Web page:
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Bupivacaine Destabilizes Action Potential Duration in Cellular and Computational Models of Long QT Syndrome 1.
MedLine Citation:
PMID:  22003215     Owner:  NLM     Status:  Publisher    
Background:The effects of the local anesthetic bupivacaine on cardiac action potentials (APs) are mainly attributed to inhibition of cardiac Na(+) channels. The relevance of its ability to also induce high-affinity blockade of human ether-à-gogo-related gene (hERG) channels is unclear. We investigated whether this interaction may functionally become more significant in cellular and computational models of long (L)QT syndromes.Methods:Left ventricular cardiomyocytes were isolated from adult guinea pig hearts, and bupivacaine-induced effects on APs were investigated using the patch-clamp technique. LQT-like states were pharmacologically induced by either blocking I(Ks) (LQT1-like, 10 μmol/L chromanol 293B), or I(Kr) (LQT2-like, 10 μmol/L E4031). Computational analysis of bupivacaine's effects was based on the Luo-Rudy dynamic model.Results:Bupivacaine induced dose-dependent AP shortening in control myocytes. However, in the presence of 1 to 30 μmol/L bupivacaine, a high variability in AP duration with AP prolongations of up to 40% was observed. This destabilizing effect on AP duration was significantly increased in LQT1-like but not in LQT2-like myocytes. Similarly, the incidence of AP prolongations in the presence of 3 μmol/L bupivacaine was significantly increased from 6% in control myocytes to 24% in LQT1-like but not in LQT2-like myocytes. Computational modeling supported the concept that this bupivacaine-induced AP instability and the AP prolongations in the control and LQT1-like myocytes were caused by inhibition of hERG channels.Conclusions:This study provides evidence that bupivacaine induces inhibition of hERG channels, which is functionally silent under normal conditions but will become more relevant in LQT1-like states in which repolarization relies to a larger degree on hERG channels. Interactions with ion channels other than cardiac Na(+) channels may, therefore, determine the net cardiac effects of bupivacaine when the normal balance of ionic currents is altered.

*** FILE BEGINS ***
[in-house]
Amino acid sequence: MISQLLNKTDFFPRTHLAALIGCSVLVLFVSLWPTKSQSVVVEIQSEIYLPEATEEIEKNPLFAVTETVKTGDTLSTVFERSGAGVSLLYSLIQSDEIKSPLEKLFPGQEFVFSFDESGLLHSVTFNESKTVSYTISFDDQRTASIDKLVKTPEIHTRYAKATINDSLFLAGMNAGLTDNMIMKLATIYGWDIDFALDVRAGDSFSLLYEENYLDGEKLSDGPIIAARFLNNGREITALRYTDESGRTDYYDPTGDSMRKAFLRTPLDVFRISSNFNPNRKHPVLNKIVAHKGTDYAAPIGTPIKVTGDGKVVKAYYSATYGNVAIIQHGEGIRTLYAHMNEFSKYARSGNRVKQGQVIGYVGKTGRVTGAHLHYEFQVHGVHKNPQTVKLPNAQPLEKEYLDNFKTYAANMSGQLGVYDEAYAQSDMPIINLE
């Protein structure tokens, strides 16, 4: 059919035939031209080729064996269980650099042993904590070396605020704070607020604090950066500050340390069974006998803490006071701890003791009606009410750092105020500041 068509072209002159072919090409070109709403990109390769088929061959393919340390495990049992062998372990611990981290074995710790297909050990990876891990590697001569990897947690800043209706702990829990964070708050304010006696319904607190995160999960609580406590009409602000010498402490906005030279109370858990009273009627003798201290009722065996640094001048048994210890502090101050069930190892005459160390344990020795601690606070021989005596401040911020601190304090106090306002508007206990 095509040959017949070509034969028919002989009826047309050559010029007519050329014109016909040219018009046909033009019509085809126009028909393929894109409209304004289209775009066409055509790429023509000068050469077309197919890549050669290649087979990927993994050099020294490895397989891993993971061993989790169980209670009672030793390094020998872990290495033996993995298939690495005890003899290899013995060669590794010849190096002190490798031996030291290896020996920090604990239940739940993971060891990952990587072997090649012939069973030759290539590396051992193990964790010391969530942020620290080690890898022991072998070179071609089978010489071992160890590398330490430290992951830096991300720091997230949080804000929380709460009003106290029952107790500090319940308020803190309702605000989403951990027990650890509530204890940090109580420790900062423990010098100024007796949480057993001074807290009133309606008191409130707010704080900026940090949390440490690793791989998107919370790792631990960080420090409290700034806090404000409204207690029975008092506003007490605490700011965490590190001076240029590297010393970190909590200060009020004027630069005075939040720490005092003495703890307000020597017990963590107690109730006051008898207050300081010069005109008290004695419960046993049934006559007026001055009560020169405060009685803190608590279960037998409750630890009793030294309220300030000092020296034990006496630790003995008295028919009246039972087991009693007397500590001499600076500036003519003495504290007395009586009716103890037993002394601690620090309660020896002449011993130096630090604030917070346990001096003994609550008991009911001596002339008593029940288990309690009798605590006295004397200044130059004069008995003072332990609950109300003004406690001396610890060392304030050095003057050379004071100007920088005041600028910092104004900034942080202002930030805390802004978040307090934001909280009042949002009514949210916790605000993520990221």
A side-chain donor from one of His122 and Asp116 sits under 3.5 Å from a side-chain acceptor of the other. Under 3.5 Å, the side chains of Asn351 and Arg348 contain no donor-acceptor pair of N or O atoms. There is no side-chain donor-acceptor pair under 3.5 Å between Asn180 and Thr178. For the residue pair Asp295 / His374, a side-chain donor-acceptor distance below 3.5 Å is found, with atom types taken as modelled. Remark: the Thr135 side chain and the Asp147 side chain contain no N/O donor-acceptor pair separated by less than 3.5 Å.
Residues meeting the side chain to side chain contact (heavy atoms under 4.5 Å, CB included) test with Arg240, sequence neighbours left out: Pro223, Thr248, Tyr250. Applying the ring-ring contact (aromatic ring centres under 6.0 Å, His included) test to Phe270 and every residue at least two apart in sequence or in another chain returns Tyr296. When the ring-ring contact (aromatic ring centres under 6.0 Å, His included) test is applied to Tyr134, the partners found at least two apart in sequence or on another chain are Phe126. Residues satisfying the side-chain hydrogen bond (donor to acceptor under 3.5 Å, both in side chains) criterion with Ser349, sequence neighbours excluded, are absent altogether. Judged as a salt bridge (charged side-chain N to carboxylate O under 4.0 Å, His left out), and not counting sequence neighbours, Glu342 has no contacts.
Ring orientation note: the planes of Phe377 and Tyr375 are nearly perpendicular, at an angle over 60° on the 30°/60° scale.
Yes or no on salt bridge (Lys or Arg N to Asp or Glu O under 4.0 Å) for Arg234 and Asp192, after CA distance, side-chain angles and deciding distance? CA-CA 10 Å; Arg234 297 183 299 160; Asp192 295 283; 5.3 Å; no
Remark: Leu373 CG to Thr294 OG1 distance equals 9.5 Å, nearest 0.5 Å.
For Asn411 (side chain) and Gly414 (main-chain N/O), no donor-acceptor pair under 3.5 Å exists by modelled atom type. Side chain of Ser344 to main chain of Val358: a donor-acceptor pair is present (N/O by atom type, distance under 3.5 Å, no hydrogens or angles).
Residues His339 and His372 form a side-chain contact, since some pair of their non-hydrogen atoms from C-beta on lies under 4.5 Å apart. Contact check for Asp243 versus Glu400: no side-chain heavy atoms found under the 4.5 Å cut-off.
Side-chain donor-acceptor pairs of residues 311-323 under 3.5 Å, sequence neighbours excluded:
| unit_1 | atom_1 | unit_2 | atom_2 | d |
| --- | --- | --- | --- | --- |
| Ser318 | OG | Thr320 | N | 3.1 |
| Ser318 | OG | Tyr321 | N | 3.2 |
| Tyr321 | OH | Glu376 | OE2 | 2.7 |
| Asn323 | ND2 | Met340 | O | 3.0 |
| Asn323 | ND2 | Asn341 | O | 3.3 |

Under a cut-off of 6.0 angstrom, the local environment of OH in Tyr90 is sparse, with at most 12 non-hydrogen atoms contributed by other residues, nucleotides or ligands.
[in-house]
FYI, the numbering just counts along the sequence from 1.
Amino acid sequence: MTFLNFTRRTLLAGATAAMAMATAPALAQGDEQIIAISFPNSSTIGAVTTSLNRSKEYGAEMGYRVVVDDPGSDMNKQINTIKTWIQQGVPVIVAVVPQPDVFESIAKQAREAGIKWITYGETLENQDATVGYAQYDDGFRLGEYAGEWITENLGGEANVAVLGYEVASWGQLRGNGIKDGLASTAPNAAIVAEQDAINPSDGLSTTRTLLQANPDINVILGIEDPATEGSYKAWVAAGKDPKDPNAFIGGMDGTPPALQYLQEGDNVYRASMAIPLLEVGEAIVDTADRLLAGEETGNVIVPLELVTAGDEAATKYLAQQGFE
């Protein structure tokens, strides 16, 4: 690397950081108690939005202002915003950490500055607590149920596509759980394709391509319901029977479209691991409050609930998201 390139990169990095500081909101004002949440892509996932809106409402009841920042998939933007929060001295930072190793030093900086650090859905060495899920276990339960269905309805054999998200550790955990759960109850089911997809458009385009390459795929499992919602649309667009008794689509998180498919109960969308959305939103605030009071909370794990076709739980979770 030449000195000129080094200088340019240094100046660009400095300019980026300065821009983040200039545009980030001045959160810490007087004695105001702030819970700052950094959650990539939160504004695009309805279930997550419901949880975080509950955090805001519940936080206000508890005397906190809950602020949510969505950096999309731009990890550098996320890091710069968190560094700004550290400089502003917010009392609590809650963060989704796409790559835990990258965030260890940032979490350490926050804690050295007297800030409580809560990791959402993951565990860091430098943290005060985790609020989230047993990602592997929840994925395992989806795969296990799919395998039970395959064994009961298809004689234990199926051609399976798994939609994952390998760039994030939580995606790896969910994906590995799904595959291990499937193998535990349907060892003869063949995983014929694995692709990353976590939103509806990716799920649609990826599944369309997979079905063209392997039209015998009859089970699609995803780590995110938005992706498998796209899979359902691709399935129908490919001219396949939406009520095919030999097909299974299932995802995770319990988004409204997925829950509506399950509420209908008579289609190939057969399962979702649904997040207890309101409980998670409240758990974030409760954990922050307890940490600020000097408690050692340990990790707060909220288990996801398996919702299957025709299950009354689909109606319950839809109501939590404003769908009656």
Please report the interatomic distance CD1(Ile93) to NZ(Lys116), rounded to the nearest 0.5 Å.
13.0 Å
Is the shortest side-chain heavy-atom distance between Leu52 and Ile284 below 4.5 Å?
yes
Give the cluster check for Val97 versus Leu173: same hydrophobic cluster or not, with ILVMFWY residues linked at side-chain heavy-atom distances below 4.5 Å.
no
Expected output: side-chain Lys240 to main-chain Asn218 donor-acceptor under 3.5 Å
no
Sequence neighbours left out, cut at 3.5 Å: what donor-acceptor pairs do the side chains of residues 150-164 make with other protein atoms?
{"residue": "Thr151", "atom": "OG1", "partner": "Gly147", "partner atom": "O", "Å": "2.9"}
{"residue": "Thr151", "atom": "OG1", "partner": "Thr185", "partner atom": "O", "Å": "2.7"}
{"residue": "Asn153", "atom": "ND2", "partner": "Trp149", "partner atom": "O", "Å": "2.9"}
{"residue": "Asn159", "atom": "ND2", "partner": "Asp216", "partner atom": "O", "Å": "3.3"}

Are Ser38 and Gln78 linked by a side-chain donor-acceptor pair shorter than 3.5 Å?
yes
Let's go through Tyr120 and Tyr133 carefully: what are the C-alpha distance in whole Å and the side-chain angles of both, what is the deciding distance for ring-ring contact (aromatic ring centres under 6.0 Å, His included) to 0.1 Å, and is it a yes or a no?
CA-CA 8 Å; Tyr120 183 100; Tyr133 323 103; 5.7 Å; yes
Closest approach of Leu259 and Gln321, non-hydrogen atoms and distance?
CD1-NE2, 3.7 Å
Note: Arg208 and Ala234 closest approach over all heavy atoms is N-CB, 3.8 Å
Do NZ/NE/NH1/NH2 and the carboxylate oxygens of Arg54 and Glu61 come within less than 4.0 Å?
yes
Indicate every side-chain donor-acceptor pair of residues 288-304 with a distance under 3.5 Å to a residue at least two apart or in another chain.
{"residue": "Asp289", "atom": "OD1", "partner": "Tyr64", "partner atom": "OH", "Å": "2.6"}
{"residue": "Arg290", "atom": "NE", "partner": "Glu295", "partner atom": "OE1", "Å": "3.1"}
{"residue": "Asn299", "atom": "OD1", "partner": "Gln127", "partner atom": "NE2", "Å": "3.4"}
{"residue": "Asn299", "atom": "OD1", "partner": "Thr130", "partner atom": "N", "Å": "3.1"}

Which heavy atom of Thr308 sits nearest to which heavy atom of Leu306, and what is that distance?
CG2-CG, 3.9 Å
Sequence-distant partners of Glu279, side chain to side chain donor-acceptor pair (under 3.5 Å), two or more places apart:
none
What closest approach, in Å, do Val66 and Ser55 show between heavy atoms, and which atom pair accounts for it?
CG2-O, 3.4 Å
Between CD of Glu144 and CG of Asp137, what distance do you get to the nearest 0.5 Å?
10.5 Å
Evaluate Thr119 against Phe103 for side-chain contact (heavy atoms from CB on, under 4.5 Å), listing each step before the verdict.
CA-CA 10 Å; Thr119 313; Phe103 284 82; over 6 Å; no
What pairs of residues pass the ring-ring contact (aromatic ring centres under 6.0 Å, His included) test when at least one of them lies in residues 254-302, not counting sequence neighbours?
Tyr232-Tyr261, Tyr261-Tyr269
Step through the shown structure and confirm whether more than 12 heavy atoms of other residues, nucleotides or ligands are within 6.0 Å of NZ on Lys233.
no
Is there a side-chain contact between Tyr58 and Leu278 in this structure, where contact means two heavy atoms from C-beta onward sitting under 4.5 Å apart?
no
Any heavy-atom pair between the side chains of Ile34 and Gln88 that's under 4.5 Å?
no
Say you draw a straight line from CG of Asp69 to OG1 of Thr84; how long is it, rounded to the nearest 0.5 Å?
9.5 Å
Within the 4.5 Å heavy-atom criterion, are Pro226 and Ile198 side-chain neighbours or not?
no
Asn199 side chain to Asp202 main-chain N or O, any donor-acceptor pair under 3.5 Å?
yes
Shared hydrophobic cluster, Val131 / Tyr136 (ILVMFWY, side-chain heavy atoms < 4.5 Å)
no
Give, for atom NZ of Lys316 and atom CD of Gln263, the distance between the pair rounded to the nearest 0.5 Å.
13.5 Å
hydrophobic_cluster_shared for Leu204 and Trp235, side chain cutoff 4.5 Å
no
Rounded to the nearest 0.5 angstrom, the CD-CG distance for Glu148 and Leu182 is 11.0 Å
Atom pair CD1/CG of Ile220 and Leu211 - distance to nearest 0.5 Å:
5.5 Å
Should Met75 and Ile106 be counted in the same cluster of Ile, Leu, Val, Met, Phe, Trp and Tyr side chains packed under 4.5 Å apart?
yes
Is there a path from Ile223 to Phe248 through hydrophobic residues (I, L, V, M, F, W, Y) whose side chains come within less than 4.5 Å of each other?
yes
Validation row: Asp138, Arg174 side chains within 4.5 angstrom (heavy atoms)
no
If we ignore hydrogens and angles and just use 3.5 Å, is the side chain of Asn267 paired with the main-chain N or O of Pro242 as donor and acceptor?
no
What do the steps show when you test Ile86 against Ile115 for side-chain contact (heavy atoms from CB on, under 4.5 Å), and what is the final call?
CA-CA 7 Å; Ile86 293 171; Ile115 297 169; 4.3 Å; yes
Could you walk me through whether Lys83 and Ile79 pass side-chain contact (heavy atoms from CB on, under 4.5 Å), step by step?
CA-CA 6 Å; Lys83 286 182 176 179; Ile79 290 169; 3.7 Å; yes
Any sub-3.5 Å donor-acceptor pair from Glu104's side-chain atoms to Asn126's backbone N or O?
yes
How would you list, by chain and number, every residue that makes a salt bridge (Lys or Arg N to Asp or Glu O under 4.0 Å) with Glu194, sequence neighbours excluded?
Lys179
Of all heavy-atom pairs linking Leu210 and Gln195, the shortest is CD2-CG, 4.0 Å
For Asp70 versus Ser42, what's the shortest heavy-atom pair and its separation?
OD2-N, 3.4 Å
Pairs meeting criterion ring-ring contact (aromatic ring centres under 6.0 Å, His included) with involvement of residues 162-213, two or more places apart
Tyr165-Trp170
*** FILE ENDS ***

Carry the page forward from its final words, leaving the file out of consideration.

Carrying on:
Alexander P Schwoerer; Roman Zenouzi; Heimo Ehmke; Patrick Friederich
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Publication Detail:
Type:  JOURNAL ARTICLE     Date:  2011-10-14
Journal Detail:
Title:  Anesthesia and analgesia     Volume:  -     ISSN:  1526-7598     ISO Abbreviation:  -     Publication Date:  2011 Oct 
Date Detail:
Created Date:  2011-10-17     Completed Date:  -     Revised Date:  -    
Medline Journal Info:
Nlm Unique ID:  1310650     Medline TA:  Anesth Analg     Country:  -    
Other Details:
Languages:  ENG     Pagination:  -     Citation Subset:  -    
From the *Department of Cellular and Integrative Physiology, University Medical Center Hamburg-Eppendorf, Hamburg; and.
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